In an interview, British actress Sienna Miller acknowledged that it is hard to sympathize with wealthy celebrities, but refuted the claim that she benefitted from the exposure: “My career suffered massively because I had a reputation for being a very tabloid person.” Since winning a harassment case against many of England’s largest paparazzi agencies, Miller is no longer followed by photographers. She won the judge over by showing footage she took of the paparazzi as “they routinely tried to cause accidents, swore at her and backed her into dark street corners.”

Three Stages of Paparazzi

Since the coining of the term paparazzi in 1960 (Paparazzo was the name of a news photographer in the Italian film La Dolce Vita), the paparazzi industry has gone through three overlapping stages.

In the first, paparazzi were lone freelance photographers like Ron Galella. The job was both esteemed and despised. Men like Galella, who says that he considered Jackie Onassis both his favorite subject and his girlfriend, established the sleazy reputation of paparazzi. At the same time, his photos have become iconic, and a number of art museums have hosted exhibits of Galella’s photographs.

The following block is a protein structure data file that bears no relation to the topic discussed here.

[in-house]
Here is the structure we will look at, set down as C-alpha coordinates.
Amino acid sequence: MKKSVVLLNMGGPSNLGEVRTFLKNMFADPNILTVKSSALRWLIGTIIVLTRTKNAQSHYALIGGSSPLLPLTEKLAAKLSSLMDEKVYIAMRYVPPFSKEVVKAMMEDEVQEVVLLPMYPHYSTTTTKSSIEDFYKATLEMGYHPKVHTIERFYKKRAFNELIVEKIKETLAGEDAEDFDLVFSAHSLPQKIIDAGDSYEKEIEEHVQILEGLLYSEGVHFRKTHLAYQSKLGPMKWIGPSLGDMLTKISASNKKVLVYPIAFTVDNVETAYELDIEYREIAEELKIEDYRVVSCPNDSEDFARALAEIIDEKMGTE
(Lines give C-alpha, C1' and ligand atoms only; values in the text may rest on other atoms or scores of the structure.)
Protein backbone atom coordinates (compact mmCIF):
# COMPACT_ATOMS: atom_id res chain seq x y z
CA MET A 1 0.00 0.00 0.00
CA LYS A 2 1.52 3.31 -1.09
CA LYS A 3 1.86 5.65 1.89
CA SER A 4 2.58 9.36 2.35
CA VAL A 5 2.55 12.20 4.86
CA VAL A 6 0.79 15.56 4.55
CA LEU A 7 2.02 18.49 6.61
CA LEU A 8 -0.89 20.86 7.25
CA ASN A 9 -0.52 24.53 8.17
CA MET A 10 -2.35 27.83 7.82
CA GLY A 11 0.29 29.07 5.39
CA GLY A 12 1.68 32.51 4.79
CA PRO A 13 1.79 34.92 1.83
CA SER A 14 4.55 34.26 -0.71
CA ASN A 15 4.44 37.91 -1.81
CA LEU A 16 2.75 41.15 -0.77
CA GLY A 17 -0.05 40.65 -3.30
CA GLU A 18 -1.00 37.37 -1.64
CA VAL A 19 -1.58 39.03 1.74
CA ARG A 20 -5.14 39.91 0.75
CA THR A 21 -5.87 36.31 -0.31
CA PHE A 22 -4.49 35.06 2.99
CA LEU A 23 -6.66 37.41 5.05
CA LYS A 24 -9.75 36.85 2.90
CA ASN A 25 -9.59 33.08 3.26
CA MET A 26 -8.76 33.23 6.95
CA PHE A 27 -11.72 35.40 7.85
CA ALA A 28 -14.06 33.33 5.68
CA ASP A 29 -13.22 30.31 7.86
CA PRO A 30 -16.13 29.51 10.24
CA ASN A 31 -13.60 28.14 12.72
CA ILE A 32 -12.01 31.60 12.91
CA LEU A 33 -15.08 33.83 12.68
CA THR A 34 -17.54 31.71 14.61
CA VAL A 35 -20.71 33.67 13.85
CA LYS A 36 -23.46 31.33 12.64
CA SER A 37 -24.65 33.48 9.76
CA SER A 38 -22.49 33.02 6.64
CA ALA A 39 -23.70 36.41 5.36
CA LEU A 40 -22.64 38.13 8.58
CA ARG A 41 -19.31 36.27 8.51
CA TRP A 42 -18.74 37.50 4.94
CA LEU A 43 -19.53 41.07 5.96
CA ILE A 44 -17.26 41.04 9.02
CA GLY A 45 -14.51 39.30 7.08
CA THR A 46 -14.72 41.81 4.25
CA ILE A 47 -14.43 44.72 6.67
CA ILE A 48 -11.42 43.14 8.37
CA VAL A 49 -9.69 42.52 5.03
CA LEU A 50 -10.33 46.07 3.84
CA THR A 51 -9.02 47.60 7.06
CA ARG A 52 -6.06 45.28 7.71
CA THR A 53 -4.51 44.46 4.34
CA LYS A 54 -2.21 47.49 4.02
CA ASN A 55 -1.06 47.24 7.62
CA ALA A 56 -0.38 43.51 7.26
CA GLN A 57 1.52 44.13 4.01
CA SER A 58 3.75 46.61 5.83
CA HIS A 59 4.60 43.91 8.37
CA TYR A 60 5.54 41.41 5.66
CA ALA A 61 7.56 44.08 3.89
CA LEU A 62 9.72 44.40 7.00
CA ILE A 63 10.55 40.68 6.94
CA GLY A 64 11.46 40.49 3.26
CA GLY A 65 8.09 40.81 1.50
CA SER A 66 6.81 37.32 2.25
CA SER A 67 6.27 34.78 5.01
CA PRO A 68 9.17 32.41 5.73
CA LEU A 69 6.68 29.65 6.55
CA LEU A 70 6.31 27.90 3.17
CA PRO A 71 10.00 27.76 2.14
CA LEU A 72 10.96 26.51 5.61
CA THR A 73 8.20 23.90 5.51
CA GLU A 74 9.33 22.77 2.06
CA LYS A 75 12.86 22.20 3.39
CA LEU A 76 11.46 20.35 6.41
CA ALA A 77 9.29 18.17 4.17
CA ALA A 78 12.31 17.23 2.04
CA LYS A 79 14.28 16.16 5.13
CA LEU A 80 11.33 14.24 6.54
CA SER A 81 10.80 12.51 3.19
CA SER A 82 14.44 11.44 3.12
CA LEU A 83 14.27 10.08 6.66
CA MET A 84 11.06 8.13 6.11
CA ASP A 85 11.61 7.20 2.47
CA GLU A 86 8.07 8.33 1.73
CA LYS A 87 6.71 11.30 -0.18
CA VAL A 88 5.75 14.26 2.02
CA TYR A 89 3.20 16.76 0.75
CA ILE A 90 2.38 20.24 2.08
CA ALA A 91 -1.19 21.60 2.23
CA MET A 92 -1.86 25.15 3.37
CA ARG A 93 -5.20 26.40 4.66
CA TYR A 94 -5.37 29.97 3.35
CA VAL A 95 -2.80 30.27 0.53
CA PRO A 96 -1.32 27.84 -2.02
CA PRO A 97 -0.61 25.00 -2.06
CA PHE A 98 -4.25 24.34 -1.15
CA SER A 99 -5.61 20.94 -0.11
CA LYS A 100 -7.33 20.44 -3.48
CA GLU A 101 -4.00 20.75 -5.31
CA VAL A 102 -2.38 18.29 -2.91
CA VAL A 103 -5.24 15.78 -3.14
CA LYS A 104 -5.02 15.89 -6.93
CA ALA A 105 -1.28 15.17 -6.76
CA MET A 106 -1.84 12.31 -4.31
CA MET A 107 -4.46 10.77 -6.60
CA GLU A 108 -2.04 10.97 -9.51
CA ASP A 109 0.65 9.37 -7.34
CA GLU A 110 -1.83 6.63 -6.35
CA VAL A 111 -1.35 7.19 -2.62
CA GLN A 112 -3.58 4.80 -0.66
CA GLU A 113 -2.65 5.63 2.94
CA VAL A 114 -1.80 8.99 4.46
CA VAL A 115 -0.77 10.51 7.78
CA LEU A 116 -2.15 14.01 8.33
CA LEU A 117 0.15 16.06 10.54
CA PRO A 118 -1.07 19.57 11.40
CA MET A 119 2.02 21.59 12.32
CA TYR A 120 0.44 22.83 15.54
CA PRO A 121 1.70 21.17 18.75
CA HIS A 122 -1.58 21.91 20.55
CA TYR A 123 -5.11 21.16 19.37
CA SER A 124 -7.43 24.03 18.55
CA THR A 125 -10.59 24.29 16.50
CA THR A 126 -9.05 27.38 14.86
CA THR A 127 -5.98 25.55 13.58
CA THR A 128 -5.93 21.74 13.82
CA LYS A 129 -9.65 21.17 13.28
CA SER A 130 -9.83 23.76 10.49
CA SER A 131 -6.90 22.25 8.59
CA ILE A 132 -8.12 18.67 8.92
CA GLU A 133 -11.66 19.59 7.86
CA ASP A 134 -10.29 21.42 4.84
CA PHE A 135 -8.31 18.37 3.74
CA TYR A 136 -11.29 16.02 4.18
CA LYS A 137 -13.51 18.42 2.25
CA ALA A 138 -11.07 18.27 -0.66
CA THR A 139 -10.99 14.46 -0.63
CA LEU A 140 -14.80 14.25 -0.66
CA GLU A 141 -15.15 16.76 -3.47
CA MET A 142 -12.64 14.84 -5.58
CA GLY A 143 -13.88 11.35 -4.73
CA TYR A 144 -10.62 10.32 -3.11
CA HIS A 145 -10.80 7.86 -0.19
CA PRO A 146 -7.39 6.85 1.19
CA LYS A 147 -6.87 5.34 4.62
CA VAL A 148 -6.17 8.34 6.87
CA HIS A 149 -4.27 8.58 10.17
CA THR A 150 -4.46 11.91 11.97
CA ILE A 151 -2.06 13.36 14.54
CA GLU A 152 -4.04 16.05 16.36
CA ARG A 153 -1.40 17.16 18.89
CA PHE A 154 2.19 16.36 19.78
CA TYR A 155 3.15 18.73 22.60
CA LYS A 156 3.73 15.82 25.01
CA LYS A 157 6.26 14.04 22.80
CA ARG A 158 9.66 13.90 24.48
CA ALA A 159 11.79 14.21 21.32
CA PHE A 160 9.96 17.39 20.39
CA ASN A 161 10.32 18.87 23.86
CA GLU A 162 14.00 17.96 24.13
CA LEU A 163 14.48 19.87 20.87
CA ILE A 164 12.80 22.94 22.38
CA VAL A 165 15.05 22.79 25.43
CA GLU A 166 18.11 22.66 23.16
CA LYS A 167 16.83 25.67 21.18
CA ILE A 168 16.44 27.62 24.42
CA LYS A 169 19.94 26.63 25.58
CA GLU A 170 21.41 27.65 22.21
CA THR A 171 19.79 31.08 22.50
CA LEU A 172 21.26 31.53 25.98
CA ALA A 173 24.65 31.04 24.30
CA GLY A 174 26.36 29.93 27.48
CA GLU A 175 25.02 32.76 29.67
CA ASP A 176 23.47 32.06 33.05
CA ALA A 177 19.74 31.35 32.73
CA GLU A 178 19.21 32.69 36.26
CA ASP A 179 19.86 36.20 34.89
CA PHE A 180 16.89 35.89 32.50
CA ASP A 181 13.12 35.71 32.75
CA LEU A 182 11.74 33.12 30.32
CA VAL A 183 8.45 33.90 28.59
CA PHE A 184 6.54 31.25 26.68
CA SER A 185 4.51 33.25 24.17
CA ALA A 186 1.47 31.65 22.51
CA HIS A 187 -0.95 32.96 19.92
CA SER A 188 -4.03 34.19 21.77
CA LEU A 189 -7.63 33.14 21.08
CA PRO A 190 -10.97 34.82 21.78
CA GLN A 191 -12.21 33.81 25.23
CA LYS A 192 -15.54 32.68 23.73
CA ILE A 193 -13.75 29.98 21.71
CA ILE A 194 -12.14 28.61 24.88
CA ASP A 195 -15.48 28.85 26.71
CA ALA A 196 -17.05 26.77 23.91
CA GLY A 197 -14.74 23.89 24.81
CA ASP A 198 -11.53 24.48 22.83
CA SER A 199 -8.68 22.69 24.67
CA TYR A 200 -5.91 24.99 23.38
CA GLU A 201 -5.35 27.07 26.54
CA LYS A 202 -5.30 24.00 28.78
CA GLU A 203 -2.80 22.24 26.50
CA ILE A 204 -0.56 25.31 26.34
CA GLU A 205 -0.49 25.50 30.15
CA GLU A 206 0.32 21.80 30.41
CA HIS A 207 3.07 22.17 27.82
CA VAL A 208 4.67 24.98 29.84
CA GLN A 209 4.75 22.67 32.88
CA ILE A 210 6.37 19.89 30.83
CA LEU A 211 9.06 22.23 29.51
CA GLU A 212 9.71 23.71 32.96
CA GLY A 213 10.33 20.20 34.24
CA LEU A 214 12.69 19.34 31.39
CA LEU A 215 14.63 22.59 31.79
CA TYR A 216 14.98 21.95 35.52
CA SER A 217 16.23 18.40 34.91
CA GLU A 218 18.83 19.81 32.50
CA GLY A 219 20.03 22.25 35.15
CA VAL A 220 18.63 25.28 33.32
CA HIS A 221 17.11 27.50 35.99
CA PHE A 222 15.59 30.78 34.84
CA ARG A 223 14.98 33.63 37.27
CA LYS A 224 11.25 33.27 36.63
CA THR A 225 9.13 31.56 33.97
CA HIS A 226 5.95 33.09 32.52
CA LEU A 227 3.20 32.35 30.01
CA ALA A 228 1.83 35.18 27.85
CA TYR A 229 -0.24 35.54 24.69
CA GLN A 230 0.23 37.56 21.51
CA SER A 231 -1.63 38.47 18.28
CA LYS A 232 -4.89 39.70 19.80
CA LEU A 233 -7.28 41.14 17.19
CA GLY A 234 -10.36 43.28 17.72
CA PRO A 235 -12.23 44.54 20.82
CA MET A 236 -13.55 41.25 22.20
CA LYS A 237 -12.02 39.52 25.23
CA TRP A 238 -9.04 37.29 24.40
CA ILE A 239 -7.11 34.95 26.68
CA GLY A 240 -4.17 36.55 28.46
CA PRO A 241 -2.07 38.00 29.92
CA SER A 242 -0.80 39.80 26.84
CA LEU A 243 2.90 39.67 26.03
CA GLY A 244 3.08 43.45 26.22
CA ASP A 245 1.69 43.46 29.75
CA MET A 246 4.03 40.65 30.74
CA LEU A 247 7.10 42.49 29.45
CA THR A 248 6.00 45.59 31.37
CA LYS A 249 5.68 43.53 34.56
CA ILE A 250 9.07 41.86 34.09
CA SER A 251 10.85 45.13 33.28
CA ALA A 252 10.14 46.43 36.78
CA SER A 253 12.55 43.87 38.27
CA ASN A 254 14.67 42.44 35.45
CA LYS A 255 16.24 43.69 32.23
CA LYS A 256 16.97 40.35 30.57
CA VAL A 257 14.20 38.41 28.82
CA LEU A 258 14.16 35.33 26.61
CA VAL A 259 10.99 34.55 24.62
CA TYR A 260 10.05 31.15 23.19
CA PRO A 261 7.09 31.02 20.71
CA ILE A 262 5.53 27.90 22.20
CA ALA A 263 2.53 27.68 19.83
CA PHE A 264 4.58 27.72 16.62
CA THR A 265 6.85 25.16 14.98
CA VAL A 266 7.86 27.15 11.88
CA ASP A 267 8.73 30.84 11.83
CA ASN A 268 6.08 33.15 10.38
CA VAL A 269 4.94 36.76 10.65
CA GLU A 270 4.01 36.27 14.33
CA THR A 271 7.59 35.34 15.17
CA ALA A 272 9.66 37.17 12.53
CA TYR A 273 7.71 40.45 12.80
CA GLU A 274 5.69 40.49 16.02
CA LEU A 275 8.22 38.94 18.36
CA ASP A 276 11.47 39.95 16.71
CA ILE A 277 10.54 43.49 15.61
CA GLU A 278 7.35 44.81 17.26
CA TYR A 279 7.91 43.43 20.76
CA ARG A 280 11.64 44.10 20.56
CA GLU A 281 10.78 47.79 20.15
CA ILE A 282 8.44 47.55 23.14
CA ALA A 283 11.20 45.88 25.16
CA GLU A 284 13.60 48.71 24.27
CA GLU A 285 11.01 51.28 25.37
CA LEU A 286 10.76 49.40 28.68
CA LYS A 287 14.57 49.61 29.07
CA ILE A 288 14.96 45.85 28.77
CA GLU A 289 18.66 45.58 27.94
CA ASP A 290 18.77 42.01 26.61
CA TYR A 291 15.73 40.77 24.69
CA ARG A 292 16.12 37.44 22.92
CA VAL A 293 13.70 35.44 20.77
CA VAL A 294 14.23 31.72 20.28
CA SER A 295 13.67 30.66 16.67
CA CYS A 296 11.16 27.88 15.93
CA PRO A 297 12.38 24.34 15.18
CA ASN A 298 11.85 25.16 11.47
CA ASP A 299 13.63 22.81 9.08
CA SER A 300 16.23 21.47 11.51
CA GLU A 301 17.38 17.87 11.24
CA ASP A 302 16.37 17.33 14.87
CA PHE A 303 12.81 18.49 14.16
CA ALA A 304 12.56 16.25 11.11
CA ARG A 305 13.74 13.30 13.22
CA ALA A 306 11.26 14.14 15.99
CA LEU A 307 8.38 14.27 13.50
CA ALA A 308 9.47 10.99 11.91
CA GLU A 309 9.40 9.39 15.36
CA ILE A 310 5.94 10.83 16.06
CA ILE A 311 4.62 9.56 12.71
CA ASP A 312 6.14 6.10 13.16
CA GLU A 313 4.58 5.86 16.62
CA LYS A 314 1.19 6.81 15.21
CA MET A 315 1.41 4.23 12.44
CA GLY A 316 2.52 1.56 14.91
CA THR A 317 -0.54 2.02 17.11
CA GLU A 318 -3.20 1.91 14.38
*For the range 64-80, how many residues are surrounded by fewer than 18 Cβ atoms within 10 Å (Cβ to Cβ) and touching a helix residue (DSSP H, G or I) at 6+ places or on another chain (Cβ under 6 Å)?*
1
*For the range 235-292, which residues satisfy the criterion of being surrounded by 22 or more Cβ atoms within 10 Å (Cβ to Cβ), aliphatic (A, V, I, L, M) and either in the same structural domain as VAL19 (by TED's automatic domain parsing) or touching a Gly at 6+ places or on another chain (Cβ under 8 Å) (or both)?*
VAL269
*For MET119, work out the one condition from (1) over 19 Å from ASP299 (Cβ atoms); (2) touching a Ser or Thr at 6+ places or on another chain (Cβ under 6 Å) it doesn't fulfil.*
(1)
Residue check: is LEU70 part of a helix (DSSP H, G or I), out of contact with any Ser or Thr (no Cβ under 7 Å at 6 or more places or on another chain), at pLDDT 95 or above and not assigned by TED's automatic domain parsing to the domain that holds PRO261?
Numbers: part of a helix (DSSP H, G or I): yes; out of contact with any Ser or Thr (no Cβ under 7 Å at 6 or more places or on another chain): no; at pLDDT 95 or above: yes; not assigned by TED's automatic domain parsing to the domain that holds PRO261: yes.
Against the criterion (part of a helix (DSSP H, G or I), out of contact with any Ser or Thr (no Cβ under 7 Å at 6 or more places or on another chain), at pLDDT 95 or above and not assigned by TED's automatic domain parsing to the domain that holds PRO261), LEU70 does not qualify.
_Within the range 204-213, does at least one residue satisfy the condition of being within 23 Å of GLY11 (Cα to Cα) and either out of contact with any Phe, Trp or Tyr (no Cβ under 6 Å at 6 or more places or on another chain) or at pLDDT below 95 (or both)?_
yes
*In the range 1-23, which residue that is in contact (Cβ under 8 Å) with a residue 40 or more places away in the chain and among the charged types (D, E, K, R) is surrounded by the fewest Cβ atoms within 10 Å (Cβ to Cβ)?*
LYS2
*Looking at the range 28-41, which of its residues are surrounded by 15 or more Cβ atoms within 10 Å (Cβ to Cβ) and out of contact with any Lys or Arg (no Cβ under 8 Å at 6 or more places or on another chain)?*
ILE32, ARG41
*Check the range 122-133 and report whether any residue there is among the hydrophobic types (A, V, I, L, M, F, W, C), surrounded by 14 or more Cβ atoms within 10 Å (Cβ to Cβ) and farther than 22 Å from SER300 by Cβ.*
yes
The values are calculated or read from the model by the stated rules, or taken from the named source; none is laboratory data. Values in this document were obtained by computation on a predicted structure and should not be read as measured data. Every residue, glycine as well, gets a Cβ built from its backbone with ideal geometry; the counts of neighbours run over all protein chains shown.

Paparazzi do still operate as freelancers, selling photographs to gossip rags and mainstream media alike, although there are now so many that it’s nearly impossible to achieve the fame of their forebearers like Galella and Rino Barillari. A Times article puts the price for an average photo at several hundred dollars, with an especially productive paparazzi earning $10,000 a month. One paparazzo, who tells Forbes that photographers usually lowball their earnings to dissuade amateurs from competing with them, says $60,000 to $100,000 is a typical annual salary for professionals. Of course most of the men — they are almost all men — are motivated by the possibility of a six or seven figure photo like Britney shaving her head or Kate Middleton sunbathing topless. 

The profession has not gotten more professional. The same Times piece relates how L.A. paparazzi go by strange names “like the Fingerbreaker and Cheesecake.” Sienna Miller’s experience shows that the rhetoric of respecting celebrities is mostly fiction, and many paparazzi misogynistically refer to the practice of celebrities facilitating photos by the sexually suggestive phrase “giving it up.”